Colorado Child Support Worksheets
Colorado Child Support Worksheets (Video)
Child Support Worksheets - Scrollable Video Transcript
Hi Everyone. In this video I’m gong to look at several Colorado Child Support Worksheets and show how different factors affect the child support amount. Child support worksheets are important, because they are used to determine the child support amount in Colorado. These worksheets are generated by child support software.
So let’s take a look at our first example. Here, we have the parents John and Jane Doe who have 2 kids Kate and Kyle.
Now this worksheet shows many factors which can affect child support, but only a few are relevant in this example. As you can see Mom makes 4k a month and Dad makes 8k a month, and gross income rather than net income is used in the worksheets. So together, the parents have 12k of gross income. The Mom’s share of that is a third and the Dad’s share is two thirds. Now the software knows what the guideline amount is for 2 kids when the parents together make 12k a month. And it shows that amount right here in line 4 - $2,076. This means that Colorado has determined that all things being equal it takes about $2,076 a month to raise two kids. Whether you agree with that or not is a different matter.
So why on earth in the next line, does the support amount go up to $3,114 to take care of these kids? Well, that’s because no parent has less than 93 overnights a year with the kids, which is a special threshold number. If both parents have at least 93 overnights a year, then they are considered to have shared parenting time which generates a Worksheet B rather than a Worksheet A. A worksheet A applies when a parent has less than 93 overnights a year.
So we are using a Worksheet B, and when a Worksheet B is used, meaning the parents have shared parenting time, then the $2,076 is multiplied by 1.5, which results in $3,114. OK? But why was this multiplied? Well, that’s because our lawmakers in the support guidelines figured that a lot of the expenses for the kids are going to be duplicated when the parents have shared parenting time. So both parents are going to be buying clothes, toiletries, food, entertainment, equipment, etc for the kids in their respective households. Because of this, it’s actually costing more to support the kids when you add both parent's expenses together because of the duplication. So the total support to raise these kids is more, 1.5 times more, according to the powers that be. And that’s how we get to $3,114 a month to support these kids.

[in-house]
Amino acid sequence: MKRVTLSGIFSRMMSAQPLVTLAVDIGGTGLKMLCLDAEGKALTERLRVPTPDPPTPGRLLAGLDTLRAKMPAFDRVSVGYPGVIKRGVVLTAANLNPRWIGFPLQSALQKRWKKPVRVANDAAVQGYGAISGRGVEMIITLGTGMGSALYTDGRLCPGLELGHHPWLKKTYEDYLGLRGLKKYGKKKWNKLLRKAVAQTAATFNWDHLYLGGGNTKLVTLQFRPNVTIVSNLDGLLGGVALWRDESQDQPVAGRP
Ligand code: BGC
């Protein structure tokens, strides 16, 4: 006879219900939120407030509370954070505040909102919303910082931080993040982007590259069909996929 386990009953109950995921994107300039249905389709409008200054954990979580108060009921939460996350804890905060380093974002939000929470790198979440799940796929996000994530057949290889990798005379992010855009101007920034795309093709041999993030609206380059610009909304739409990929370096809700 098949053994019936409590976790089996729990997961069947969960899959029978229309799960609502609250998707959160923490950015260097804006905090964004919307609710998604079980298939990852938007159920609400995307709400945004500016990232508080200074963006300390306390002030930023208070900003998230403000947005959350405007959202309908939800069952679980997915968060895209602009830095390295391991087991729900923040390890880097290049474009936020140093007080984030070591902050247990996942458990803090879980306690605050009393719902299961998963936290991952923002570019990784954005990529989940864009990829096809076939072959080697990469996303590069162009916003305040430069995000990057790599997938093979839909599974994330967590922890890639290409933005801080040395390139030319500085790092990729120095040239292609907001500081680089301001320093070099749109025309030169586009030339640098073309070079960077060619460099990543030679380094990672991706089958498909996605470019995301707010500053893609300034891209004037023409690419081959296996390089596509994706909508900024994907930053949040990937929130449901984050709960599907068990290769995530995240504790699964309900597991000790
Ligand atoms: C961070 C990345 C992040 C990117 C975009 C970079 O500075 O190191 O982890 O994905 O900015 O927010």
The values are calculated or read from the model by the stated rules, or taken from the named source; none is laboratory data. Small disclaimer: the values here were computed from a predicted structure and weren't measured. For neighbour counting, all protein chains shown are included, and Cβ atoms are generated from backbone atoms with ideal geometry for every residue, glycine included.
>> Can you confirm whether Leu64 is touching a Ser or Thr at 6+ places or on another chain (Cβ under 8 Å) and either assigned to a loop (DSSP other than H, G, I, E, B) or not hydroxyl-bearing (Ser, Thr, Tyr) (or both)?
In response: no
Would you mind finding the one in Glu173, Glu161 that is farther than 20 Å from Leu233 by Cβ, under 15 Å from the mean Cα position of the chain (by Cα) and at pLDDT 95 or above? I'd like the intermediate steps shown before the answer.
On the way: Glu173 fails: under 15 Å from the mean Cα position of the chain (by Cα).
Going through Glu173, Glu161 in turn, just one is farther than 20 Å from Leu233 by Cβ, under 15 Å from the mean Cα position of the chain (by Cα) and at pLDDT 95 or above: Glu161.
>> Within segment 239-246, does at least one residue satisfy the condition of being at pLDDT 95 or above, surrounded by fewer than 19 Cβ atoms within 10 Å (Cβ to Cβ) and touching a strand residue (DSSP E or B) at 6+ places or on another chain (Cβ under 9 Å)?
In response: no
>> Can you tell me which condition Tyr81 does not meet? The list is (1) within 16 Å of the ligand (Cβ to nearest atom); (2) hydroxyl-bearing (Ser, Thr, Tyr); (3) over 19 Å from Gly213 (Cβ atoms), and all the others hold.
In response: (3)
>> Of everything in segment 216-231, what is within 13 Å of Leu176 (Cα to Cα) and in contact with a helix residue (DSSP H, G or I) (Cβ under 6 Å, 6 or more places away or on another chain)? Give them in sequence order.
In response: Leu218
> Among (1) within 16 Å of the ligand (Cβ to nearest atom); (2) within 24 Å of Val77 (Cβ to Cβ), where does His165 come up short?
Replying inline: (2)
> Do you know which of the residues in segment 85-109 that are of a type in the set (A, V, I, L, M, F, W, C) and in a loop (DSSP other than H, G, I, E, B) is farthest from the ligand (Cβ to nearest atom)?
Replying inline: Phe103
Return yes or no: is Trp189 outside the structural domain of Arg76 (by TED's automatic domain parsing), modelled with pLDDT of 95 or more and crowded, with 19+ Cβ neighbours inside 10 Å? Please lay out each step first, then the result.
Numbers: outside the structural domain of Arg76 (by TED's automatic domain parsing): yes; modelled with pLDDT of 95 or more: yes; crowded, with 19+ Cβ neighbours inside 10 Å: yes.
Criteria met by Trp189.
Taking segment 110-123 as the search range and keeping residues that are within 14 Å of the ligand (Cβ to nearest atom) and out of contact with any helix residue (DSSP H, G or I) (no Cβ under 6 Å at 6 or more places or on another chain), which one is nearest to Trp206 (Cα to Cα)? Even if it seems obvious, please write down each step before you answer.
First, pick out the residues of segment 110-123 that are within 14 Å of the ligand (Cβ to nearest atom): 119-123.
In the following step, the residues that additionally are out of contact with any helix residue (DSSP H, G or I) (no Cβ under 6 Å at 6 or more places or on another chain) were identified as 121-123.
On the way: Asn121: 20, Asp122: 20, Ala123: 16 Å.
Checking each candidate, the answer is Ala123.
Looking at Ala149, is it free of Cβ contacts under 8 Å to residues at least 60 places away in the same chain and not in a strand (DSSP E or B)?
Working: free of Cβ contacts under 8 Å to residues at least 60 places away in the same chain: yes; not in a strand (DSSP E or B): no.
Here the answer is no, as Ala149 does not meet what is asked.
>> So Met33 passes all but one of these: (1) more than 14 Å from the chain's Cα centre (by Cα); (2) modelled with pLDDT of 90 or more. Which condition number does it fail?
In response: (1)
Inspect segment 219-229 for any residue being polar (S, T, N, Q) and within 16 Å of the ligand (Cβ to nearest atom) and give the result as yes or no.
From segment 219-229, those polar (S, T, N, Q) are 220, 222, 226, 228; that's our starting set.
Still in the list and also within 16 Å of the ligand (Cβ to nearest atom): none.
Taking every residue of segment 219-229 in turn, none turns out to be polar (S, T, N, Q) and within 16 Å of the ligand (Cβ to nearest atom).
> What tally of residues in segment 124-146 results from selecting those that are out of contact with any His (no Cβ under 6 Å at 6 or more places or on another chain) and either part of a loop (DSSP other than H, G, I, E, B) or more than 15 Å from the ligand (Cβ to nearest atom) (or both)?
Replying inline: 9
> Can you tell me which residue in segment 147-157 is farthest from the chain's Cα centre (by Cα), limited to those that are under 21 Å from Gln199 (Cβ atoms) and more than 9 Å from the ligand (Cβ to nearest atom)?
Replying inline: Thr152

The kids enjoy 50/50 parenting time with their parents. Now you’ll see here that it looks like one parent doesn’t quite have 50% of the time. Well, that’s because there are an odd number of days in the year (365) so we just give one parent 182 overnights and the other 183 overnights and it doesn’t make that much difference. As discussed in another video of mine concerning Colorado child support in general, Colorado uses the number of overnights with each parent as an important factor in determining child support.
So, based on that, Mom with her share of the total income and parenting time would owe Dad $517.53 a month in child support. Dad, based on his share of the total income and parenting time would owe Mom $1,040.89. The difference between them is that Dad owes Mom $523.36 which would be the recommended child support order under these circumstances.
So here we have the same worksheet with one exception. Dad is paying $200 a month for health insurance. But his child support obligation did not go down $200 from before. If it did, it would be $523.36 minus $200 which would be $323.36. However, Dad needs to pay $456.70 here. So, by paying the children’s health insurance here, Dad is paying more out of pocket. He is now paying $656.70. This is the same amount he would pay to Mom for child support if she were paying $200 a month for the children’s health insurance. See how this works?
Here’s an example with Mom getting $600 a month in spousal maintenance which is added to her income under the support guidelines. However, an additional 25% is added on to reflect the fact that spousal maintenance is no longer taxed. It is tax free. The child support obligation is now $328.75.
As mentioned earlier, a Worksheet A is used when one party has less than 93 overnights a year. Whether that is zero or 92 overnights – the amount of child support will be the same. Here, keeping with our example, the support amount will be $1,384.07 payable to Mom where Dad has less than 93 overnights. If Dad gets one more overnight bringing the total to 93, then a worksheet B is used, and the support amount drops to $1,282.67 and continues to change with each additional overnight. I hope this video was useful and thank you for watching.